Monday 4 May 2015

researchED New York - Some Initial Reflections

The longer I work at developing my skills as a edublogger, the more I realise that there's nothing more stimulating than listening to interesting speakers, who have something meaningful to say.  What people say at events continue to take me by surprise with their insights, sense of purpose and often humour.  Over the last weekend I had the huge privilege of taking part in researchED New York and listening to an incredible range of speakers, each with something worth saying their about specialist topics.  Speakers and topics included:
  • Daniel Willingham - The challenge of persuading believers
  • Catherine Glennon - A deep look into school-based research
  • Daisy Christodoulou - Seven myths about education
  • Keven Bartle & Helene Galdin-O'Shea - The emergent tole of research in a UK teaching school alliance
  • Lucy Crehan - What can 'top-performing' systems teach us
  • Mary Whitehouse - Research-informed curriculum design
  • Robert Janke - Datababble : Misinformation or scientifically based research
I also had the good fortune of being able to lead a session, where we explored the following issues: the limitations of existing definitions of evidence-informed practice;  a new school and teacher  centric definition of evidence-informed practice; and finally, looked at some practical ways of becoming a better evidence-informed practitioner (and, if anyone is interested, the slides used in the presentation can be found at the following link).

So what are my personal take-aways, apart from a battered credit-card, from researchED New York?
  • A theme that emerged from a number of presentations was the need for teachers to become research literate.  Yet do we know what we mean by research literacy (and numeracy)? What does it look like?  How will we know if research literacy been achieved?  If we don't know what we mean by research literacy, and I thank Mary Whitehouse for this idea, how do we know what questions to ask teachers to find out where they are in their understanding of research and its implications for practice.
  • A second theme emerged around trying to determining the correct balance between critiquing and using research to improve practice, and actively participating in research or seeking to produce research outcomes. This balance needs to be considered for both individual teachers and the school as whole.  There is a view, which I certainly hold, that it is best for teachers (and schools) to be become better evidence-informed practitioners before becoming active producers of research outcomes.  For me, I find to difficult to see how teachers and schools can become 'researchers' without the skills to critically appraise a whole range of evidence - including academic research and school data.  Robert Janke's presentation  on errors in evidence-based decision-making certainly raised a number of questions about the extent to which we accurately interpret school data and statistics.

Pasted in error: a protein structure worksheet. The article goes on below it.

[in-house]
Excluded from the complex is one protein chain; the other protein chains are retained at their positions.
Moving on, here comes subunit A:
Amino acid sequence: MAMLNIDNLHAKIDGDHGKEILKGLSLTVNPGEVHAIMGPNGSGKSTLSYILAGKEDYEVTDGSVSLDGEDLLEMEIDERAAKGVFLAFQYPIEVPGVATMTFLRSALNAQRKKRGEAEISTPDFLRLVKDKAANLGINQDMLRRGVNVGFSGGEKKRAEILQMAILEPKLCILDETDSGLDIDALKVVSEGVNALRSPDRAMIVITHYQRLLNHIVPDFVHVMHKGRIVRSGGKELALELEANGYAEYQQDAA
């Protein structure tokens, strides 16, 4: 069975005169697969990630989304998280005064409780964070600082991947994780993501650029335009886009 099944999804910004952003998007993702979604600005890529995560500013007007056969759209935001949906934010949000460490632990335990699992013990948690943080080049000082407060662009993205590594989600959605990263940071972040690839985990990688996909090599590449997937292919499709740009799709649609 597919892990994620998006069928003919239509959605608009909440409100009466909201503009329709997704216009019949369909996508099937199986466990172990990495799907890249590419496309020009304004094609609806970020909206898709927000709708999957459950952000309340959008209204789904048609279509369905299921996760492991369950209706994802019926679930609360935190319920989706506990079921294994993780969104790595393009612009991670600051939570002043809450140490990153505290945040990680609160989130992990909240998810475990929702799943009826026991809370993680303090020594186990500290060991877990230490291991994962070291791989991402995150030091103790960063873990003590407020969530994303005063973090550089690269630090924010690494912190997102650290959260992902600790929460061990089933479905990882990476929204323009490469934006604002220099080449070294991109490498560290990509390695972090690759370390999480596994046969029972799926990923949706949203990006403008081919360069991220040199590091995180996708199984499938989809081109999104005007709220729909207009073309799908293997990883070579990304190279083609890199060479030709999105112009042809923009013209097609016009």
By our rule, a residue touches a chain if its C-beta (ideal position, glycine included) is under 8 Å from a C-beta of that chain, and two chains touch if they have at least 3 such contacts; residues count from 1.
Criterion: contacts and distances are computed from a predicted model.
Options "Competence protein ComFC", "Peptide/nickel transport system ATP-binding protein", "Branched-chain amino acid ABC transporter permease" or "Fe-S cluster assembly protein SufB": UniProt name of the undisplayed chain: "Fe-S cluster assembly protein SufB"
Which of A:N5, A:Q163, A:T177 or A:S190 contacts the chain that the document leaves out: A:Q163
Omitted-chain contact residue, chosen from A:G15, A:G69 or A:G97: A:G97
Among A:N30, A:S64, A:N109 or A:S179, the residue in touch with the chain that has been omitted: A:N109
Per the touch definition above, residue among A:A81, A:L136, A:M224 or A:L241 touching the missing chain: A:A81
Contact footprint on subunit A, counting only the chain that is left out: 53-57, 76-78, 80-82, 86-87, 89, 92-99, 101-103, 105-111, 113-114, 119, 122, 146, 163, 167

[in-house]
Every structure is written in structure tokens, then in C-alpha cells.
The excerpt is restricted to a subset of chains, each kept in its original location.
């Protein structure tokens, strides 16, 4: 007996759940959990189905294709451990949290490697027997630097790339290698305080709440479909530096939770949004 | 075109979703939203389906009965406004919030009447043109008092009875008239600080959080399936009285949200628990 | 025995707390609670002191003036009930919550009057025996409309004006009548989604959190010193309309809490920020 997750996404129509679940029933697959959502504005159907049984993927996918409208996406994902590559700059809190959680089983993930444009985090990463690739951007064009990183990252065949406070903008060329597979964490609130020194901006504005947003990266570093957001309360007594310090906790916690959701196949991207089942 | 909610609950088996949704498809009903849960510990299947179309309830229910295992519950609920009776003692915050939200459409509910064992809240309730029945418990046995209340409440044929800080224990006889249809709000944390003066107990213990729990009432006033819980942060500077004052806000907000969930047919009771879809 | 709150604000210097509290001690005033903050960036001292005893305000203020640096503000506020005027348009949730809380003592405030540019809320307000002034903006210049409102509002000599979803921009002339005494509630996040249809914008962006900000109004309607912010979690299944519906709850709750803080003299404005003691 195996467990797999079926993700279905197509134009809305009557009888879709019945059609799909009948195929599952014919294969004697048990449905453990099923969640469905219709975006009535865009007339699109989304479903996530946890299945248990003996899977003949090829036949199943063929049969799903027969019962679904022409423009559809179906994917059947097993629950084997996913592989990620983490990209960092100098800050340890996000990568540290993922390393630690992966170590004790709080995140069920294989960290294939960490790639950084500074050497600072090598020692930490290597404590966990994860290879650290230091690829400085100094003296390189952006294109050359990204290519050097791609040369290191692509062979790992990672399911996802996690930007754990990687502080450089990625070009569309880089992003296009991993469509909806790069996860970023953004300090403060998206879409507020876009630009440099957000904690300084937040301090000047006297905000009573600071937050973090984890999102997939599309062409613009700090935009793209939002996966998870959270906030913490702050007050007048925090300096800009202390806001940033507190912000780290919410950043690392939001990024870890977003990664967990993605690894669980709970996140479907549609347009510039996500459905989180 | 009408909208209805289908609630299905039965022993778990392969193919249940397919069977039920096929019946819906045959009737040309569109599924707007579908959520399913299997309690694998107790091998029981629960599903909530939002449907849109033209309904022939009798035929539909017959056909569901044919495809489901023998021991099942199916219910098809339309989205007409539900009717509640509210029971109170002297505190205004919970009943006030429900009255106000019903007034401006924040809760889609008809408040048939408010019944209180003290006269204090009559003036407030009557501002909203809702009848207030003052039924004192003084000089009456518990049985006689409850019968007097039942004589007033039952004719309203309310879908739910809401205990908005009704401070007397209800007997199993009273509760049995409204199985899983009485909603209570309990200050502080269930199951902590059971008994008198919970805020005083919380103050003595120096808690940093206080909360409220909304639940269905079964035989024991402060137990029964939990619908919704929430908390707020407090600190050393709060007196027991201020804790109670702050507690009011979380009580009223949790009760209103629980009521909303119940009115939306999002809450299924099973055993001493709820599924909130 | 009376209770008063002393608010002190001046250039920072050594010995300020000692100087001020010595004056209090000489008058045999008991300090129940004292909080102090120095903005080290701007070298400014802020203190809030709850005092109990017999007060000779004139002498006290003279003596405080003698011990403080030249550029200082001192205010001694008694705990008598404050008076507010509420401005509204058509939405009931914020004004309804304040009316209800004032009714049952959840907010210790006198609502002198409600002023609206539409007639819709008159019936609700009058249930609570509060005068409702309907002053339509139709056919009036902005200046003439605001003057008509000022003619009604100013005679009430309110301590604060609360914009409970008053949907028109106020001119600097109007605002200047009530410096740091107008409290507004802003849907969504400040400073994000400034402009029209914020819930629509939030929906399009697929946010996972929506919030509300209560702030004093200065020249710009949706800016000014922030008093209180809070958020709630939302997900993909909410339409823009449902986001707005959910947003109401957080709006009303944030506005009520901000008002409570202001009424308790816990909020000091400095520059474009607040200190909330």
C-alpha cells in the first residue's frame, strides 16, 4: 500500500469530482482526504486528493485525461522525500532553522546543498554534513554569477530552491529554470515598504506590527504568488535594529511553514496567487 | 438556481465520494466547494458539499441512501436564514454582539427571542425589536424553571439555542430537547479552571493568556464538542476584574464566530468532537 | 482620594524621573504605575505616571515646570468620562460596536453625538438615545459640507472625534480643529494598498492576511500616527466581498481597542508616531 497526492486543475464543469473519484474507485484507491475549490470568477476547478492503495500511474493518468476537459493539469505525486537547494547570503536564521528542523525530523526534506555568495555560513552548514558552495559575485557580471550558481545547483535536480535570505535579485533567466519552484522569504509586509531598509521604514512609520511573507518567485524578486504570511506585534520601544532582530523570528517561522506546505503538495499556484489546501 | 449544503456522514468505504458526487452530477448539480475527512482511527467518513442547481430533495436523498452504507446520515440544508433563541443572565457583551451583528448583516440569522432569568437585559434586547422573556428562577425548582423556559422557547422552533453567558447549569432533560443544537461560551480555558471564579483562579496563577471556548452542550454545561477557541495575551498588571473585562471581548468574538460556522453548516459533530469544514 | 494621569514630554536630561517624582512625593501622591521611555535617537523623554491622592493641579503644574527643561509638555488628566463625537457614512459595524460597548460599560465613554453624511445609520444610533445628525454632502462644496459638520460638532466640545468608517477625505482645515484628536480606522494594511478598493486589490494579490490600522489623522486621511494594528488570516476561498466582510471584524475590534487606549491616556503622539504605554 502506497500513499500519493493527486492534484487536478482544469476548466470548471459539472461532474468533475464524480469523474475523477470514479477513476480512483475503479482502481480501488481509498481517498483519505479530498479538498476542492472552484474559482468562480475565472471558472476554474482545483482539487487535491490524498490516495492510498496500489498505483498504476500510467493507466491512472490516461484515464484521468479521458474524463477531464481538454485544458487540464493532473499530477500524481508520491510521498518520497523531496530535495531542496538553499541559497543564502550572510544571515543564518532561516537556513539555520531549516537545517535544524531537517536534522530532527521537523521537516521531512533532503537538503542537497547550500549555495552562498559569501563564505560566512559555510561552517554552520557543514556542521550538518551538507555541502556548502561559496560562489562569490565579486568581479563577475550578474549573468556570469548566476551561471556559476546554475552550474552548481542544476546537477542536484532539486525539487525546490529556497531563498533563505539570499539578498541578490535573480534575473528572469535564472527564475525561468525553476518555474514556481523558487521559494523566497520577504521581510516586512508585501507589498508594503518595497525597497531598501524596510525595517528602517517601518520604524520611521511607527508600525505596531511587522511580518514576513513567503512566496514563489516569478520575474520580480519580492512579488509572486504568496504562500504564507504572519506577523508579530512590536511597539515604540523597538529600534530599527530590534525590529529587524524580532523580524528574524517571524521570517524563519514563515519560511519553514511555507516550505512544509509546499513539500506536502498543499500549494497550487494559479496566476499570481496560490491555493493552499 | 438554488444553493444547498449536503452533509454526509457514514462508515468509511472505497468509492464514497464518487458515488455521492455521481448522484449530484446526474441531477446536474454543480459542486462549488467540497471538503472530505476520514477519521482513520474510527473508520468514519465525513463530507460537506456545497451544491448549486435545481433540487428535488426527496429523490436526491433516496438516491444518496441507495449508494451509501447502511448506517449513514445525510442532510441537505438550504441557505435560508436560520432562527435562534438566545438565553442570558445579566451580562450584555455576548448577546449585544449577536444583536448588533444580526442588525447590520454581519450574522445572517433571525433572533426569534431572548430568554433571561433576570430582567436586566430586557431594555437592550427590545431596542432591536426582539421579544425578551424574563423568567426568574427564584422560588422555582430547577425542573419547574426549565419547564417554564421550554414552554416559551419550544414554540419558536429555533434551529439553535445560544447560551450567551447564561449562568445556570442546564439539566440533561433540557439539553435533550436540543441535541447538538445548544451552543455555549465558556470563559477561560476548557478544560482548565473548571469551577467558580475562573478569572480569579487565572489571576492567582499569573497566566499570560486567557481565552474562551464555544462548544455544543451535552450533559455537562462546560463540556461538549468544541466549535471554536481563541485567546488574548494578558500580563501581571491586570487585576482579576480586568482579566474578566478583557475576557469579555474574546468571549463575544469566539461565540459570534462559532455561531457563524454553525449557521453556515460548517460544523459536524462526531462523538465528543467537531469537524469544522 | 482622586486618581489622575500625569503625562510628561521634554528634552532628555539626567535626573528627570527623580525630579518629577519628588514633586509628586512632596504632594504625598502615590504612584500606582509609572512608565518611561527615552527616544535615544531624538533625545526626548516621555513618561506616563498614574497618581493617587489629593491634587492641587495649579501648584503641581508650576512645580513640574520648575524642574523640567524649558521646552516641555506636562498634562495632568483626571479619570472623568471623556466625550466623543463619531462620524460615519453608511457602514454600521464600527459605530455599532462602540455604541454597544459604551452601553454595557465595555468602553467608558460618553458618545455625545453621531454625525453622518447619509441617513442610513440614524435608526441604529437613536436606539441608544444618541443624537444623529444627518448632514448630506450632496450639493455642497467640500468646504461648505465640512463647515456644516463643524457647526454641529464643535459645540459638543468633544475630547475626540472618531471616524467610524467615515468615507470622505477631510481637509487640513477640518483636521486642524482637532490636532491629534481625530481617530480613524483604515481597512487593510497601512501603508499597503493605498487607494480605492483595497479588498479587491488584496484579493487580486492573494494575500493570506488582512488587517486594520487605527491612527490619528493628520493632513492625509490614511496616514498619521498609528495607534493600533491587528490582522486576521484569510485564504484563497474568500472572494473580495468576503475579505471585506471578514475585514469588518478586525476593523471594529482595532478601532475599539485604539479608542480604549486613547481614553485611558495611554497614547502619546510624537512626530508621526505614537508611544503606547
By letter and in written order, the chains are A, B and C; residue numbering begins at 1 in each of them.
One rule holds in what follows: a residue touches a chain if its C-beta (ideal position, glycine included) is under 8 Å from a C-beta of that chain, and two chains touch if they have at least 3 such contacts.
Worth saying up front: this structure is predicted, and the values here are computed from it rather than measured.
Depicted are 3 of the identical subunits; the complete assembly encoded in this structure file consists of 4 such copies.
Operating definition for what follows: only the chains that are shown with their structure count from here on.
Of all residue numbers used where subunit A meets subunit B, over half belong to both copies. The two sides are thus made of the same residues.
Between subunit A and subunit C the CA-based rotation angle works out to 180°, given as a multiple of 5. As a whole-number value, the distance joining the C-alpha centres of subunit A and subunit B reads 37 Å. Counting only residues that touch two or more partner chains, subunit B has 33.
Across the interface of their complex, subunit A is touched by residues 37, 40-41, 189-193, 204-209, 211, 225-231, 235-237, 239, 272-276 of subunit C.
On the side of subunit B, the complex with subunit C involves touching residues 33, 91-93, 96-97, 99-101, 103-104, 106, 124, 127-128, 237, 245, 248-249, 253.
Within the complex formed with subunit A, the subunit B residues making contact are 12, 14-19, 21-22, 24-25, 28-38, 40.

• Engaging in evidence-informed practice and research will inevitably involve engaging with colleagues who have a different perspective than yourself, and there is the whole issue of how do you go about getting others to change their values, beliefs and behaviour.  This was the topic of Professor Daniel Willingham's fantastic presentation, and which has real practical value for the School Research Lead.  Professor Willingham suggested a number of strategies and tactics which may help School Research Leads engage in more productive conversations with their peers, including
    • Be selective with your battles - sometimes peace is better than being right
    • Recognize that the person you are trying to persuade has another belief which they believe is well reasoned.
    • Your job of persuasion is not just about evidence
    • If the other person is talking, you are winning, as you are finding our more about their point of view
    • And above all, be patient 
To conclude; once again the researchED team of Tom Bennett and Helene Galdin-O'Shea have put on a terrific event.  Furthermore, thanks must be extended to Daniel Randolph and staff of Riverdale Country School for being such wonderful hosts, in a quite magnificent setting.  I look forward to the next event, but not the associated credit-card bill.


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